MER- Social Democracy (SMER -- SD) must realize that it is not the sole ruling party in Slovakia but a member of ruling coalition. Deputy Chairman of the People's Party-Movement for a Democratic Slovakia (LS-HZDS) Milan Urbani responded in this way to the situation which arose after LS-HZDS suggested the withdrawal of revision to the Law on Social Insurance from the parliamentary debate. Mr. Urbani stated in the radio talk show Sobotne Dialogy broadcast on Saturday by Slovak Radio (SRo) that LS-HZDS wants the coalition partners to once again discuss the disputable points in the draft amendment. He did not know whether the party would support the draft bill elaborated by the Minister of Labor, Social Affairs and Family, Viera Tomanova, at the next parliamentary session. Mr. Urbani is convinced that there is enough time until Monday to find a solution to controversial issues. He does not fear that the policy of LS-HZDS would cause a split in the coalition. "There is neither shaking nor nervousness in the coalition," he mentioned.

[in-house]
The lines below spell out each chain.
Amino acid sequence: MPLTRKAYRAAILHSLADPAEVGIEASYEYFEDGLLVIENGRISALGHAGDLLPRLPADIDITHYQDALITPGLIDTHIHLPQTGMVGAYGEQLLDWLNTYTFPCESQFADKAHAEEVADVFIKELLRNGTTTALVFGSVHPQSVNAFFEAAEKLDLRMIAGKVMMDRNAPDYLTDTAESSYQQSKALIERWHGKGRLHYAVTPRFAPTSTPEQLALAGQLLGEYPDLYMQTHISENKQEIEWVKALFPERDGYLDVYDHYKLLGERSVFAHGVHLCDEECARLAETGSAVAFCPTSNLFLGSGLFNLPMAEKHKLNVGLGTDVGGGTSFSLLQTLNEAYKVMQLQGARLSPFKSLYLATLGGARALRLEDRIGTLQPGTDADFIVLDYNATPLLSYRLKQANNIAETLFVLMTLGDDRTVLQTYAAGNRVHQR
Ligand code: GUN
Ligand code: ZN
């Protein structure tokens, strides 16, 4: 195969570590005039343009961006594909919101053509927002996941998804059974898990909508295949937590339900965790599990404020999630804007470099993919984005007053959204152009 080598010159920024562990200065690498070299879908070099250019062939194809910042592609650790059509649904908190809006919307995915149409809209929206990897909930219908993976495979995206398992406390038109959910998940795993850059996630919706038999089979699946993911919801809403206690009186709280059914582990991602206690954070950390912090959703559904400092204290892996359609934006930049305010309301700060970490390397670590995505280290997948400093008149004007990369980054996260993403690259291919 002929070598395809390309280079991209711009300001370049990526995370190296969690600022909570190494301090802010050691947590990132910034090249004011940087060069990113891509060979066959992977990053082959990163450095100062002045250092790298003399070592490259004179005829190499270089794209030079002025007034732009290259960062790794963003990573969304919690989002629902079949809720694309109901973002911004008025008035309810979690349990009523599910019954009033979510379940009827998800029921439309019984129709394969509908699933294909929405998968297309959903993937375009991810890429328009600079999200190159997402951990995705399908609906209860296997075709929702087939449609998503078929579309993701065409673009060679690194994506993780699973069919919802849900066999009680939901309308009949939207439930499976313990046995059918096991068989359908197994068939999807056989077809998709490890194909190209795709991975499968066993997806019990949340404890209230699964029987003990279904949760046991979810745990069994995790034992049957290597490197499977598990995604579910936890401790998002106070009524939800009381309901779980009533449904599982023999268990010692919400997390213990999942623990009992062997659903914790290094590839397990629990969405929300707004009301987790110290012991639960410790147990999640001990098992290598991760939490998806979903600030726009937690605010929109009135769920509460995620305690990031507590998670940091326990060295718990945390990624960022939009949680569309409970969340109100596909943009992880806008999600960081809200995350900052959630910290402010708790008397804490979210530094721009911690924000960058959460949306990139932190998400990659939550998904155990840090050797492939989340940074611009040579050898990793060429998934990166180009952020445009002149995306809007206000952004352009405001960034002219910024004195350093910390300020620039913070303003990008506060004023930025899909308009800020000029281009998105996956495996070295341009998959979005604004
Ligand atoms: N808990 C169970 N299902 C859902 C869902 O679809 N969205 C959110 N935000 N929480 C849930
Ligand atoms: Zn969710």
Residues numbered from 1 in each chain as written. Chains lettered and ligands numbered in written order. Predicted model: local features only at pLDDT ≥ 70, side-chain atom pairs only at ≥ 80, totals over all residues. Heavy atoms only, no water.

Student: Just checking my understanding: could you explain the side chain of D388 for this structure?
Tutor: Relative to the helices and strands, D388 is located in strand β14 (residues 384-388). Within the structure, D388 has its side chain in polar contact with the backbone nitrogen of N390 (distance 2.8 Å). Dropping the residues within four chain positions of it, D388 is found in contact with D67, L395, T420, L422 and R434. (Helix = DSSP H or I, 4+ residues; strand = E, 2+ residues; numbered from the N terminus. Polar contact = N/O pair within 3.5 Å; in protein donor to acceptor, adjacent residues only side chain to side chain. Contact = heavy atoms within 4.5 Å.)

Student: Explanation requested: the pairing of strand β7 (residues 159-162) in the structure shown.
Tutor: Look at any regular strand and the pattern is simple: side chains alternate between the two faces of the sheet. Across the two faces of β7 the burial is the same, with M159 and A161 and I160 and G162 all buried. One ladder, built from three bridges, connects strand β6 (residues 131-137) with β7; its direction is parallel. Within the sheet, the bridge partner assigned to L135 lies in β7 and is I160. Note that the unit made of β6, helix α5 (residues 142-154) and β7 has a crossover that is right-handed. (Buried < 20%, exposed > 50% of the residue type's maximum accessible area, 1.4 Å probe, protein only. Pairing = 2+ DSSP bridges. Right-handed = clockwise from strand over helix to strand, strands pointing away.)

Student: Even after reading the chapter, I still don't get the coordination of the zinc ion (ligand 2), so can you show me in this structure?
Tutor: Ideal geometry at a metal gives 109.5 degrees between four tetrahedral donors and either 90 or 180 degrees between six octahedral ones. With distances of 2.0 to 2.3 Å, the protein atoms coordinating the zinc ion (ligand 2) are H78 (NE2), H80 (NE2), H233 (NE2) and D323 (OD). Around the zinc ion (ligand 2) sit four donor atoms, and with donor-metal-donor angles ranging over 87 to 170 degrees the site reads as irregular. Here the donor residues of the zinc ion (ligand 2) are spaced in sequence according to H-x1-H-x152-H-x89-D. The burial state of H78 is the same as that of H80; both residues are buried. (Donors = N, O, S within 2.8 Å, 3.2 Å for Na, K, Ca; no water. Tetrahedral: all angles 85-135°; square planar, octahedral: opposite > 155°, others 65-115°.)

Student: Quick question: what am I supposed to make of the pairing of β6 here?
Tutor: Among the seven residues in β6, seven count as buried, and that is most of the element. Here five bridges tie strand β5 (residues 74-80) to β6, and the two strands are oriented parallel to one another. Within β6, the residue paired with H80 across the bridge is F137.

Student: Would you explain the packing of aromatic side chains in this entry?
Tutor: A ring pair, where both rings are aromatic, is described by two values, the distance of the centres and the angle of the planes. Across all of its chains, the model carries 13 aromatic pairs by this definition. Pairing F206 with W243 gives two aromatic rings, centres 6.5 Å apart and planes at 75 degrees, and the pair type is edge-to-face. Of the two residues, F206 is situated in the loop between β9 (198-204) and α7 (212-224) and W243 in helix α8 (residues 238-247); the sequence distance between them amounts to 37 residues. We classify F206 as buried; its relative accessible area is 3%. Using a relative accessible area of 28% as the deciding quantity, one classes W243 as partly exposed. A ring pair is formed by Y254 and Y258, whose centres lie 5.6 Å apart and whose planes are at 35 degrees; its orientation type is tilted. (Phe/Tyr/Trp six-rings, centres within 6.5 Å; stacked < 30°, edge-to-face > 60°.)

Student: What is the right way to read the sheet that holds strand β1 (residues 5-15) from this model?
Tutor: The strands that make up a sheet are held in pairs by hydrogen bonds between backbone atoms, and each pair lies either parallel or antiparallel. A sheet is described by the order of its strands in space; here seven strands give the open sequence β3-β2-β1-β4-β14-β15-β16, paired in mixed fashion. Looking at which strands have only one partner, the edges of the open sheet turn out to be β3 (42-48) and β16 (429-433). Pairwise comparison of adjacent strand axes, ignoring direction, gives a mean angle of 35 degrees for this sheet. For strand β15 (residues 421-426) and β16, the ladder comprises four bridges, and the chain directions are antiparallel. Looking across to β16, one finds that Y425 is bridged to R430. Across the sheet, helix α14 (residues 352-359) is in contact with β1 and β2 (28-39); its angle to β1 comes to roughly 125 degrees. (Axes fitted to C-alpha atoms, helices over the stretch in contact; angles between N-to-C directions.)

Chairman of the opposition Hungarian Coalition Party (SMK) Pal Csaky does not think that current dispute in the coalition could grow to a serious problem. He assumes that, in this way, LS-HZDS tries to put through its own demands as for the state budget. In his words, the situation around the Law on Social Insurance demonstrates the chaotic work of the government and the Labor Ministry in the area of pensions. Mr. Csaky repeated the arguments raised by the opposition that the government does not need to solve the deficit of the Socialna Poistovna social security provider by interventions in the second (capitalization) pension pillar, since it can be covered from higher economic growth. The problem of the coalition is that it then would have no money to hand out, the SMK head mentioned.
Mr. Urbani stressed that people saving money in the second pension pillar would suffer no losses as a consequence of the reduction of contributions to the second pension pillar, which the government is considering. LS-HZDS will demand that a legal guarantee be included in contribution reduction so that, in future, the Cabinet would return that money by raising the contributions to 9 or 9.5 percent. He did not rule out that the guarantee could have a form of a constitutional law. "It would be a certain loan from that second pillar for a transitional period," Mr. Urbani concluded.